Who Are We?
Our current mission statement is:
Ottawa Skeptics aims to promote the use of the scientific method, critical thinking and rational thought in our community. Ottawa Skeptics supports high standards of scientific integrity, academic freedom and the free exchange of ideas. We have one bias: Science is the best method for determining objective truth.
There is nothing exceedingly wrong with this statement, and we can always keep it at the end of our deliberations if we choose. The trend in the other groups is to describe what they are “for” – typically rationality, science and critical thinking – and what they are “against” – typically pseudoscience, the paranormal and conspiracy theories.
A possible reworked mission statement could be:
Ottawa Skeptics promote the use of sound scientific methods, critical thinking and rationality in our community and investigate questionable claims made by proponents of pseudoscience, the paranormal and conspiracy theories.
Since skeptics also get involved with consumer product claims and with pseudohistory, those items could also be included, but no other group mentions them and a longer list could detract from the overall message. Alternative medicine could be called out for emphasis, even though it is part of pseudoscience, but doing so might detract from the overall message. The parts that appear in our current mission statement but not in this proposed one get covered in What is Skepticism? section.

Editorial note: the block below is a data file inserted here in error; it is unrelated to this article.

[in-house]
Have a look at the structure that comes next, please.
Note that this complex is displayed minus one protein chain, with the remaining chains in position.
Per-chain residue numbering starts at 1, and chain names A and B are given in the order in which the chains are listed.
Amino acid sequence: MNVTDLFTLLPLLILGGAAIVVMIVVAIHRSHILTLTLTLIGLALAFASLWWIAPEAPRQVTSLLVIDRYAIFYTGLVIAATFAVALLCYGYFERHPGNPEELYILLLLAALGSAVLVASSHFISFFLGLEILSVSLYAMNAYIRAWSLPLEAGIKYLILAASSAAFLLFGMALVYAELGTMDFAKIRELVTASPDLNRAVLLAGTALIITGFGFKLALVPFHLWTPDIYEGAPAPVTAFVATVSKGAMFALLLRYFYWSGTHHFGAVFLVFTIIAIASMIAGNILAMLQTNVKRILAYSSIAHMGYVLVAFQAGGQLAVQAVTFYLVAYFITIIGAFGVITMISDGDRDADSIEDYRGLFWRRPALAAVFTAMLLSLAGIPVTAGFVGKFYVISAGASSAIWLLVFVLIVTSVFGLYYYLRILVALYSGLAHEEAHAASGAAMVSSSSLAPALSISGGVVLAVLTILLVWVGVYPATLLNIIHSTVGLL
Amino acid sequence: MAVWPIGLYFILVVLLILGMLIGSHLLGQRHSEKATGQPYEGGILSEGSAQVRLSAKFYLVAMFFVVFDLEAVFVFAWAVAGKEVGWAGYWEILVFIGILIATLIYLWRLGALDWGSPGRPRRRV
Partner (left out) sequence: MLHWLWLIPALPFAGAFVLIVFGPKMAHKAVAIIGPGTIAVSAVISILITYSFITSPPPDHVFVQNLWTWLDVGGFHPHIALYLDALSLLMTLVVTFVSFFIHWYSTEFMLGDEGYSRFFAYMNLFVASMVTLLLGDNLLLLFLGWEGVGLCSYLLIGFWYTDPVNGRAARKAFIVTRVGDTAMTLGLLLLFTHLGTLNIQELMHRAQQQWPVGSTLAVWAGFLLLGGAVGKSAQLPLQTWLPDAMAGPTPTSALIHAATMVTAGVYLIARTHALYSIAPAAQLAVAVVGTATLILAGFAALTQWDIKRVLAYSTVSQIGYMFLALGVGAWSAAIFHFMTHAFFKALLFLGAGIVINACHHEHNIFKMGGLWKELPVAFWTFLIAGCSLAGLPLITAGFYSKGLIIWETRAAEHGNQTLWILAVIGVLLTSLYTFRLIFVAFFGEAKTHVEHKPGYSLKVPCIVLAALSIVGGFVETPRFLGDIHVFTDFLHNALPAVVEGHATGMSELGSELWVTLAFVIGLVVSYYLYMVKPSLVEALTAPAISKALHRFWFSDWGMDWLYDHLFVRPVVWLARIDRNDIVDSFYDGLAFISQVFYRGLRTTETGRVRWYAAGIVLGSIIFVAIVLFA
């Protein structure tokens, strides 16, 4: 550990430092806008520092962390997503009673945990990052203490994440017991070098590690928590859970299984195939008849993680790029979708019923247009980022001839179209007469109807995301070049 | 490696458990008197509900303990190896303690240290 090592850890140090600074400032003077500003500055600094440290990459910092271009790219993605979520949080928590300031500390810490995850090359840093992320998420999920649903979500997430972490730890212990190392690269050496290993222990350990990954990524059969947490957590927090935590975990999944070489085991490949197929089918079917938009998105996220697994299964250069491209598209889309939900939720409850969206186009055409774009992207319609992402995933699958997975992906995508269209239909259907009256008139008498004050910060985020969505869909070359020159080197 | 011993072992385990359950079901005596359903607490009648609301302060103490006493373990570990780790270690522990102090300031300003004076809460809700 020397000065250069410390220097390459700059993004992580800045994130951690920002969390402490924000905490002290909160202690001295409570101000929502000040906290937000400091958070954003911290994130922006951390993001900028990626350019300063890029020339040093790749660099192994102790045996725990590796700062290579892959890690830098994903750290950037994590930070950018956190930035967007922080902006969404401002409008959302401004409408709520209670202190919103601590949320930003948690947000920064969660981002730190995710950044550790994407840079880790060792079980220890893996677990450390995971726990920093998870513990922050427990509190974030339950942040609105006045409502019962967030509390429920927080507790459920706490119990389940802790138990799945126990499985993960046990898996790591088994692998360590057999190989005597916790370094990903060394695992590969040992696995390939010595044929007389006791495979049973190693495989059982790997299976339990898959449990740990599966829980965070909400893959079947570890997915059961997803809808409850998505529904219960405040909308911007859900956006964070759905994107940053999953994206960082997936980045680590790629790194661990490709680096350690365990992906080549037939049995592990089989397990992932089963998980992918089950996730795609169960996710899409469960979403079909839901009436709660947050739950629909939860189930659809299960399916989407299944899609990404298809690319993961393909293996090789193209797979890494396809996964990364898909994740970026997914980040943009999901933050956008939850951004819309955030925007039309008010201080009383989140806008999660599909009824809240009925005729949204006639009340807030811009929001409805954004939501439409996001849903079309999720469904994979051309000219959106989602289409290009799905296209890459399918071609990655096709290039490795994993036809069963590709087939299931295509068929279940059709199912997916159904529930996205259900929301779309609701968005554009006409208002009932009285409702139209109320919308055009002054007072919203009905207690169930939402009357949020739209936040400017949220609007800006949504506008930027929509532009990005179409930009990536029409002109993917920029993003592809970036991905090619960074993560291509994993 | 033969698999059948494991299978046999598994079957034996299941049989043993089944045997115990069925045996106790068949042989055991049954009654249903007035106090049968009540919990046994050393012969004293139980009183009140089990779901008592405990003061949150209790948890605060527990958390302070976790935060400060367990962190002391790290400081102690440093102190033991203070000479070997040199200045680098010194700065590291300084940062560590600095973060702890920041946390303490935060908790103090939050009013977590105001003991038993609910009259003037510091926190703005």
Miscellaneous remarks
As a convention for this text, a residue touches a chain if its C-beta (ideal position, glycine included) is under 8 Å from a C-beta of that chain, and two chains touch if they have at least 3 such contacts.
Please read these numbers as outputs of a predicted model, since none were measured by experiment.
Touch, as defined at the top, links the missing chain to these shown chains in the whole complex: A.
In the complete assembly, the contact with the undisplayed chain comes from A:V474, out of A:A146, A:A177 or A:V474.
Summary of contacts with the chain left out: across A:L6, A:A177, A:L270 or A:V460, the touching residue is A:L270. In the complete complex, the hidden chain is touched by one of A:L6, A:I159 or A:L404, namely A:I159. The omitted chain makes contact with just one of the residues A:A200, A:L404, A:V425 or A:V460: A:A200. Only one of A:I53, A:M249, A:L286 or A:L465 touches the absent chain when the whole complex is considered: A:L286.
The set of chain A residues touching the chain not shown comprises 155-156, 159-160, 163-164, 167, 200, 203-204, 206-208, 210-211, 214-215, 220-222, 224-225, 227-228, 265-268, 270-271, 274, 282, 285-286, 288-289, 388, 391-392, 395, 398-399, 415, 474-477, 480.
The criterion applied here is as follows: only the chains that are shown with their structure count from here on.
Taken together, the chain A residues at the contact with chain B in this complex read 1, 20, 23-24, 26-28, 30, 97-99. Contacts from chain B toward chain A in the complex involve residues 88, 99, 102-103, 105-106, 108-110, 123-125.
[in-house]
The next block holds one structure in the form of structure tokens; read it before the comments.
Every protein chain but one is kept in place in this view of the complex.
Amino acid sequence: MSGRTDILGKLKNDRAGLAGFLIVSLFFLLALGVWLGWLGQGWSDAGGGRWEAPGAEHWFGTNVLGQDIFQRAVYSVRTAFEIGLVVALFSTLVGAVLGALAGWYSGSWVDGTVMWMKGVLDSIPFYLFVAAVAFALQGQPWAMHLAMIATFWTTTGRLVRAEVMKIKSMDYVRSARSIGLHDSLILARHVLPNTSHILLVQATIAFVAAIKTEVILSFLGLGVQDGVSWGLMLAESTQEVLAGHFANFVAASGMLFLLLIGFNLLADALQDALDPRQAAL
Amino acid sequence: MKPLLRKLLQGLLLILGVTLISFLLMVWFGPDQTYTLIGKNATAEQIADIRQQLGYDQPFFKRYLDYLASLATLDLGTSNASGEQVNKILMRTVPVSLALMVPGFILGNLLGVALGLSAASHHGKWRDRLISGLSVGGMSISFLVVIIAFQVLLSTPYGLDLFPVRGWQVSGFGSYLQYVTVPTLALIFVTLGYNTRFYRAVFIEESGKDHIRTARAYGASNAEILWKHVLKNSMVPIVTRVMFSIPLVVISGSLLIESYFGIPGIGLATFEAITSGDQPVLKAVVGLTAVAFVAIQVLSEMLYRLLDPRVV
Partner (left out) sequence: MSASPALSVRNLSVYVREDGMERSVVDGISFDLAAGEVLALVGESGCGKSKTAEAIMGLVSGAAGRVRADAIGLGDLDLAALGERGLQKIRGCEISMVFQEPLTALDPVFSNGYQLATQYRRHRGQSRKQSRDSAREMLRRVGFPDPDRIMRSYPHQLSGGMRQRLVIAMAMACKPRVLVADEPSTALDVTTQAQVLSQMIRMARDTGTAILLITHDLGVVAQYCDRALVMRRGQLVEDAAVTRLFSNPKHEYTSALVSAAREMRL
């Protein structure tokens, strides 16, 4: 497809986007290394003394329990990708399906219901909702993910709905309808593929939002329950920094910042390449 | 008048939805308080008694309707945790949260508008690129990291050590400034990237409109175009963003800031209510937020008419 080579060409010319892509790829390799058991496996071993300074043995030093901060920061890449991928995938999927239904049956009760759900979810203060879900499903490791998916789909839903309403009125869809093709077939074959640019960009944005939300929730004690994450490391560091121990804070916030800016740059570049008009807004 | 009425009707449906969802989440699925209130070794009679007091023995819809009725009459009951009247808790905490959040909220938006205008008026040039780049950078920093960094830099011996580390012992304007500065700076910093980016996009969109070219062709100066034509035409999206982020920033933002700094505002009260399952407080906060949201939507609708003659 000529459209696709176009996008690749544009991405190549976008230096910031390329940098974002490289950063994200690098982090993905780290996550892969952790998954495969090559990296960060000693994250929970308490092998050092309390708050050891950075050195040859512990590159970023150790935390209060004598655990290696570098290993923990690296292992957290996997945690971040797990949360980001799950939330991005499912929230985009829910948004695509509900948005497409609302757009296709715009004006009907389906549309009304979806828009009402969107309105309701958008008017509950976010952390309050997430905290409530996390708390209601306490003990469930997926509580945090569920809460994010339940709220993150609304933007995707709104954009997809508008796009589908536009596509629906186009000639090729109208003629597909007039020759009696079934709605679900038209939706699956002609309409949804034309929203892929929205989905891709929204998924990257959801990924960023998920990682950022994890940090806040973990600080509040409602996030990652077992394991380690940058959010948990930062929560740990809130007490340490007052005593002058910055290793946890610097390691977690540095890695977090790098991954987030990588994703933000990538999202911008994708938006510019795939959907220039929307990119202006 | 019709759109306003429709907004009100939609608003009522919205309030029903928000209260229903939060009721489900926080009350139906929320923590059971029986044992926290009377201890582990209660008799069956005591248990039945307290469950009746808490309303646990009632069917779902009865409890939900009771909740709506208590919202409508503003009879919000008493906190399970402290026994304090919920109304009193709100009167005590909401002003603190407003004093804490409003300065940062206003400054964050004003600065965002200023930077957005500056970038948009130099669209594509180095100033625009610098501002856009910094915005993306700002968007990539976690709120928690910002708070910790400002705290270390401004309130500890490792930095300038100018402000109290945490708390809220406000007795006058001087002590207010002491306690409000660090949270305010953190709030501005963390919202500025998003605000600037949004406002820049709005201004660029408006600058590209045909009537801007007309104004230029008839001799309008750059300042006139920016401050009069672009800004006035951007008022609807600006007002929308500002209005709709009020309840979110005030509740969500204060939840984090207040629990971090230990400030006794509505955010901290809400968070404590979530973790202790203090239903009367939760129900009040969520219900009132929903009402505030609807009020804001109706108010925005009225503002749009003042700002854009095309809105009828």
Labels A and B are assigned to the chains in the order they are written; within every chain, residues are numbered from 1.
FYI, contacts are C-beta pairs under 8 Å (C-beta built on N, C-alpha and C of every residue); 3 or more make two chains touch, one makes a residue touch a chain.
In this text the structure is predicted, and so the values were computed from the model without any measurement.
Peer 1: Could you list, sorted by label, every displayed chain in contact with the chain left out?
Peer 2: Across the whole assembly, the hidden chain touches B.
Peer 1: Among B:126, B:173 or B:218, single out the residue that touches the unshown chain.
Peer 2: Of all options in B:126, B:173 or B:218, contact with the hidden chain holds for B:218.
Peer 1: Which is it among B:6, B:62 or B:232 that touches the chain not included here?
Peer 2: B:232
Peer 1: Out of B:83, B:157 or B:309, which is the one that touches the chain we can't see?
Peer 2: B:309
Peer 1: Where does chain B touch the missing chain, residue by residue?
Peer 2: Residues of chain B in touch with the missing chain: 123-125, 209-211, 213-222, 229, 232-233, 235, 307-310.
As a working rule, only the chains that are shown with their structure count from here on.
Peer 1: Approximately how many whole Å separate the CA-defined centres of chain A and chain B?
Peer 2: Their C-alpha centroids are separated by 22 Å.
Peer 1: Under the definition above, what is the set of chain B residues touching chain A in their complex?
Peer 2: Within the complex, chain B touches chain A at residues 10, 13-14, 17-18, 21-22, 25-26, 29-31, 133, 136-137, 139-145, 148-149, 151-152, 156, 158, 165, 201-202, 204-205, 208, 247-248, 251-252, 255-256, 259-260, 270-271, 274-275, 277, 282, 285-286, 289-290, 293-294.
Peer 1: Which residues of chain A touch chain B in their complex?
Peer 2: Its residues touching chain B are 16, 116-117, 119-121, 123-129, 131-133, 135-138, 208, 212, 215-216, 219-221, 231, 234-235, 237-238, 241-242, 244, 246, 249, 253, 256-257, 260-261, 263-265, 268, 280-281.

What Do We Do?
Listing the activities that we seek to undertake gives visitors an idea of what the group is about. This list can either be generic or specific, and could appear in its own section or as a paragraph that follows the mission statement.
An example of a generic listing is:
Ottawa Skeptics seek to inform, reflect, discuss, communicate, educate, investigate and advocate on skeptical issues.
An example of a specific listing is:
Ottawa Skeptics provide a website that features articles and a discussion forum, produce a podcast called “The Reality Check”, investigate questionable truth claims, host pub nights and other social events, organize speakers and film presentations, support science fairs and enrichment courses, and advocate for evidence-based public policy and spending.
Neither of these examples is necessarily in their final form. They are just intended to illustrate the two styles. Either list of activities can also be shown in point form.
What is Skepticism?
In other groups, the discussion of the nature of skepticism is wide-ranging, but the following general topics are covered on the whole:
- Importance of science
- Standard of evidence
- Critical thinking
- Cost of irrationality
- Ideological neutrality
The discussion below is an attempt to cover, in as concise a way as possible, the salient points mentioned by other groups. Another way of presenting this content is to change it into a point-form list of axioms. More examples could be included as well, but that would make the section much longer.
Importance of Science
The scientific method is the best way to determine objective truth, and scientific consensus represents knowledge that has had to pass a high bar of scrutiny. Science is also self-correcting and with increased examination over time comes better understanding and fidelity.
Wanting a claim to be true or simply asserting a claim as true does not make it true. Scientific jargon does not imbue a claim with scientific credibility or truth either. Claims must undergo scientific testing to determine veracity. Supernatural explanations are inherently untestable and so are not scientifically relevant or interesting.